Tuesday, January 19, 2016

What Canada Can Learn From NCAA Hockey:

This was posted on the TSN website:

What Canada can learn from NCAA hockey

Daniel Zakrzewski (@Art_A_Zak) Feb. 23, 2015

It's 7pm on a cold Friday evening in February. Snow gently falls onto the heads of the large gathering of fans who eagerly flock through the front doors of the local arena to catch this weekend's hottest ticket in town. The blanket of white snow that covers the ground is sharply contrasted by a sea of red and yellow, the home team's colours. The colours are a badge that the spectators wear proudly in support of the local hockey team -- the pride of their town. Yes, it's hockey night. But no, it's not in Canada.

The site is Big Rapids, a town in the heart of Michigan with a population of just over 10,000 people and home to the Ferris State University Bulldogs. A school that boasts the honour of having an NCAA division one hockey team -- a status Ferris has held for over 30 years. In this American town, hockey shares the throne with football as a fifty-fifty equal, and up until Ferris State's recent success on the gridiron, the game that Canada claims as its own stood alone a top Big Rapids' athletics hierarchy.

The opponent on the evening is Bowling Green State University, a conference rival in the WCHA (Western Collegiate Hockey Association). Even though the Bulldogs haven't been playing their best hockey -- sitting below .500 -- over 2,000 students as well as members of the FSU community have packed into the Ewigleben Ice Arena, a number that represents nearly twenty-five per cent of the total population of Big Rapids.

Meanwhile, nearly 600 kilometers away in the city widely regarded as the hockey capital of the world sits the Mattamy Athletic Centre. A state of the art sports facility located in the heart of downtown Toronto that houses an NHL-sized rink, built under the historic roof of one of hockey's most holiest of grounds, Maple Leaf Gardens. The Ryerson University Rams are the building's fortuitous tenants, with the school's hockey team boasting the luxury of an arena that houses just over 2,500 seats. If you've never had the opportunity to see the newly renovated MAC, take my word for it -- it's breathtakingly stunning.

On February 11th, the Rams took on their OUA (Ontario University Athletics) and inner-city rivals, the University of Toronto Blues. The game was the first of two in round one of the OUA playoffs. The total attendance on the evening for this pivotal playoff match-up...625.

Yes, a small state university in Michigan, located in a town with a population that doesn't even amount to a third of Ryerson's total undergraduate enrollment, manages to attract more than three times as many spectators to a regular season game.

Before you burst into a fit of rage while reading this, tossing your phone into a wall or dumping your desktop out of a nearby window, I'll make it clear that it is well understood that both universities are situated in entirely different markets, which is a major reason for the large discrepancy in attendance. Ryerson is located in a major metropolitan area where a majority of the students commute to school and where the athletic program has to compete with a number of professional sports franchises and about a billion other events. While Ferris State sits within a much smaller community, where the hockey team takes centre stage.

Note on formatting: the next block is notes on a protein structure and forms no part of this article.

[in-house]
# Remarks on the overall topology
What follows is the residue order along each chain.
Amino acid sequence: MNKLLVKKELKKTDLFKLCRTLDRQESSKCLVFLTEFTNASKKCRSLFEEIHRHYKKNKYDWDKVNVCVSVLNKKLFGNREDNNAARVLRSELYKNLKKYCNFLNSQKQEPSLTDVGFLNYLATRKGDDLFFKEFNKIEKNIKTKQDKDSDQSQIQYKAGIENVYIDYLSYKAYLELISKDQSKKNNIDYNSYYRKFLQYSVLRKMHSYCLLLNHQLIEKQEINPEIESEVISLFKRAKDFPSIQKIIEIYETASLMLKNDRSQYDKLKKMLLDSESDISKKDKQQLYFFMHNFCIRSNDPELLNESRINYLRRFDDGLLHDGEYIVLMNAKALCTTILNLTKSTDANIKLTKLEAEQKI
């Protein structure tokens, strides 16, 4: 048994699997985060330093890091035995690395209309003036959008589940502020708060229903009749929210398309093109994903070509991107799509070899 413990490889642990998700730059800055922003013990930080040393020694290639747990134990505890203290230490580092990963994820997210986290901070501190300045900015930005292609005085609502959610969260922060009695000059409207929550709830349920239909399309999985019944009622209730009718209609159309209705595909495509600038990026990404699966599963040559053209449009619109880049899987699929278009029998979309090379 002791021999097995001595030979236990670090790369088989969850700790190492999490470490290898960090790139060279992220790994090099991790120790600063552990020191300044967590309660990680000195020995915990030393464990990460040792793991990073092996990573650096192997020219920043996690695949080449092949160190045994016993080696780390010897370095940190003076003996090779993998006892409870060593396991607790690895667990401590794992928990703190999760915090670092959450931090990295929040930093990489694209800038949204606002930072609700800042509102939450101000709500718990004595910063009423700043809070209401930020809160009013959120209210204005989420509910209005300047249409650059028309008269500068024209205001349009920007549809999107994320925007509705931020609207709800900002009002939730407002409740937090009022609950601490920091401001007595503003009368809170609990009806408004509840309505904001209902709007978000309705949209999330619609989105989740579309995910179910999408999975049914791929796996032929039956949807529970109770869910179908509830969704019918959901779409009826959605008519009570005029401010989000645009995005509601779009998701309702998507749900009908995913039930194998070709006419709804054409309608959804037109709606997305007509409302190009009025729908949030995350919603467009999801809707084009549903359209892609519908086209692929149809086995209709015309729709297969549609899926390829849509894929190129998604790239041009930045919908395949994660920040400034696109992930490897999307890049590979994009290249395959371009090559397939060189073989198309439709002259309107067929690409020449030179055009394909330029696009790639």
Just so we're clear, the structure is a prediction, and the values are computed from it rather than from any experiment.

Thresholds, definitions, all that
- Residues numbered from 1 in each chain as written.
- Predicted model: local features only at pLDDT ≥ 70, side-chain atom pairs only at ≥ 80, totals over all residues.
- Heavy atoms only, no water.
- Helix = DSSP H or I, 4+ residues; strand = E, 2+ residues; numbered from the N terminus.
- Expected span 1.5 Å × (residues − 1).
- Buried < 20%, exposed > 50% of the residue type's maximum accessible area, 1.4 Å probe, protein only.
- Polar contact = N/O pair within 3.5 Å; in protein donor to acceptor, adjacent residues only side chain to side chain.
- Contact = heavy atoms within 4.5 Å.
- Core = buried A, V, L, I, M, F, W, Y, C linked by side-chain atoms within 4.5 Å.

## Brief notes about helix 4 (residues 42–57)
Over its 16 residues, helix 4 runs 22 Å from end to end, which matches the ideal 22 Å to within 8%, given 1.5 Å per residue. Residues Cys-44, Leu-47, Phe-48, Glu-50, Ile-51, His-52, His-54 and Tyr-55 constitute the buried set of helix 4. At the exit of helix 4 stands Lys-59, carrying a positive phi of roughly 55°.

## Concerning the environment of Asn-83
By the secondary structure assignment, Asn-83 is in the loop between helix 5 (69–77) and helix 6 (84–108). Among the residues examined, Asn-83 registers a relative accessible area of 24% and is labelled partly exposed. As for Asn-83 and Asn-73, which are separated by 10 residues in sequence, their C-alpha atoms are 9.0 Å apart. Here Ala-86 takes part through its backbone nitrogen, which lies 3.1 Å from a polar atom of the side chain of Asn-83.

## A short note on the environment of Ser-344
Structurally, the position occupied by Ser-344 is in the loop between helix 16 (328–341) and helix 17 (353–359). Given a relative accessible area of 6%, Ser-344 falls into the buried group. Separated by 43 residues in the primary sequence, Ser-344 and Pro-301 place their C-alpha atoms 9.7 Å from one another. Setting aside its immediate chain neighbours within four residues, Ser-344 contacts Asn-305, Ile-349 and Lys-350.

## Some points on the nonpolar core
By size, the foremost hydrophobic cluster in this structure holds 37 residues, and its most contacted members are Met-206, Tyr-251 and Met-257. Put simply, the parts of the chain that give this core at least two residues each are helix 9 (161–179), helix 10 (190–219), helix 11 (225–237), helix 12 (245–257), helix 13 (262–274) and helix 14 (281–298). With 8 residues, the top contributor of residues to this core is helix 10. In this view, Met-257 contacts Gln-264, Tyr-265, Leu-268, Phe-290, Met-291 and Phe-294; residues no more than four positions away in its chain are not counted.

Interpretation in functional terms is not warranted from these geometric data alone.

The discussion here is not focused on why there is such a discrepancy in support shown to collegiate level hockey in Canada as compared to the NCAA, because there's a multitude of reasons that differ from market to market across the country. The question is not why, but what?

What kind of unique hockey experience are we missing out on up north?

Upon my arrival at the Ewigleben Arena in Big Rapids, visually speaking, it was immediately apparent that the facility wasn't exactly state of the art. In fact, Michael Corn, the Creative Services Coordinator for FSU Athletics and a current student described it as "kinda like a dive bar. When you go in, it's not the best looking and you're not expecting much." But once I opened the concourse doors and stepped foot into the arena, it was at that very moment I knew it was going to be a special evening.

Electric didn't even begin to describe the atmosphere inside the small but cozy confines of the Ewigleben. As the opposing Bowling Green Falcons skated onto the ice, the student section situated to my left, affectionately titled "the Dawg Pound", booed with the strength of 500 sets of vocal chords, but came off sounding closer to 5,000. Brutus, the Ferris State mascot ran laps around the arena, while a student alumni member dressed as an ape energetically lead the Dawg Pound in a strong willed chant of "F-S-U", with the students adding some percussion to the roaring crowd noise, stomping their feet so hard that you could probably hear the clattering of wood from outside of the arena.

The Bulldogs' arena capacity is nowhere near as high as some of the other division one schools, but opponents know it to be an incredibly intimidating place to play, a fact that Ferris students and players on the team are proud of. "A lot of teams are afraid to come here, because the student section is right on top of you" says Corn. Simon Denis, a junior defenseman for the Bulldogs praised the student section, saying "it gets so loud in here that the sound just echoes off the roof, we wouldn't change it for anything, you're really on top of the game and right on top of the team." Sophomore forward Gerald Mayhew added in, gleefully stating "we have a good bond with fans, they support us really well, every year too."

While Brutus and the man in the ape costume do a tremendous job at getting the Dawg Pound barking and involved in the game, a large amount of credit is owed to a special group of individuals who are a staple at nearly every NCAA arena, but are strangely absent at Canadian University rinks -- the school band.

It can be tough to lead a cheer or a charge, but with the assistance of a few brass, woodwind and percussion instruments, alongside a conductor, an entire arena can spring to life in a matter of seconds.

Another unique atmospheric-building act on the evening was local musician Andy Kirby, a guitarist who was plugged into the in-house speakers and tasked with serenading the already lively crowd with classic rock hits such as the Beatles "Come Together" and cherished sporting event melodies like Neil Diamond's "Sweet Caroline."

I quickly came to realize, this was more than just a hockey game. This was a prideful celebration of what it meant to be a Ferris State Bulldog. The collection of alumni, mixed in with an assortment of town locals and the injection of a youthful cheering section makes for one of the most unique hockey events you'll ever experience in your life. The arena only sat 2,000 and the venue was less than modern, but by the end of the night, I myself felt the power of Corn's statement that "hockey is life here at Ferris State."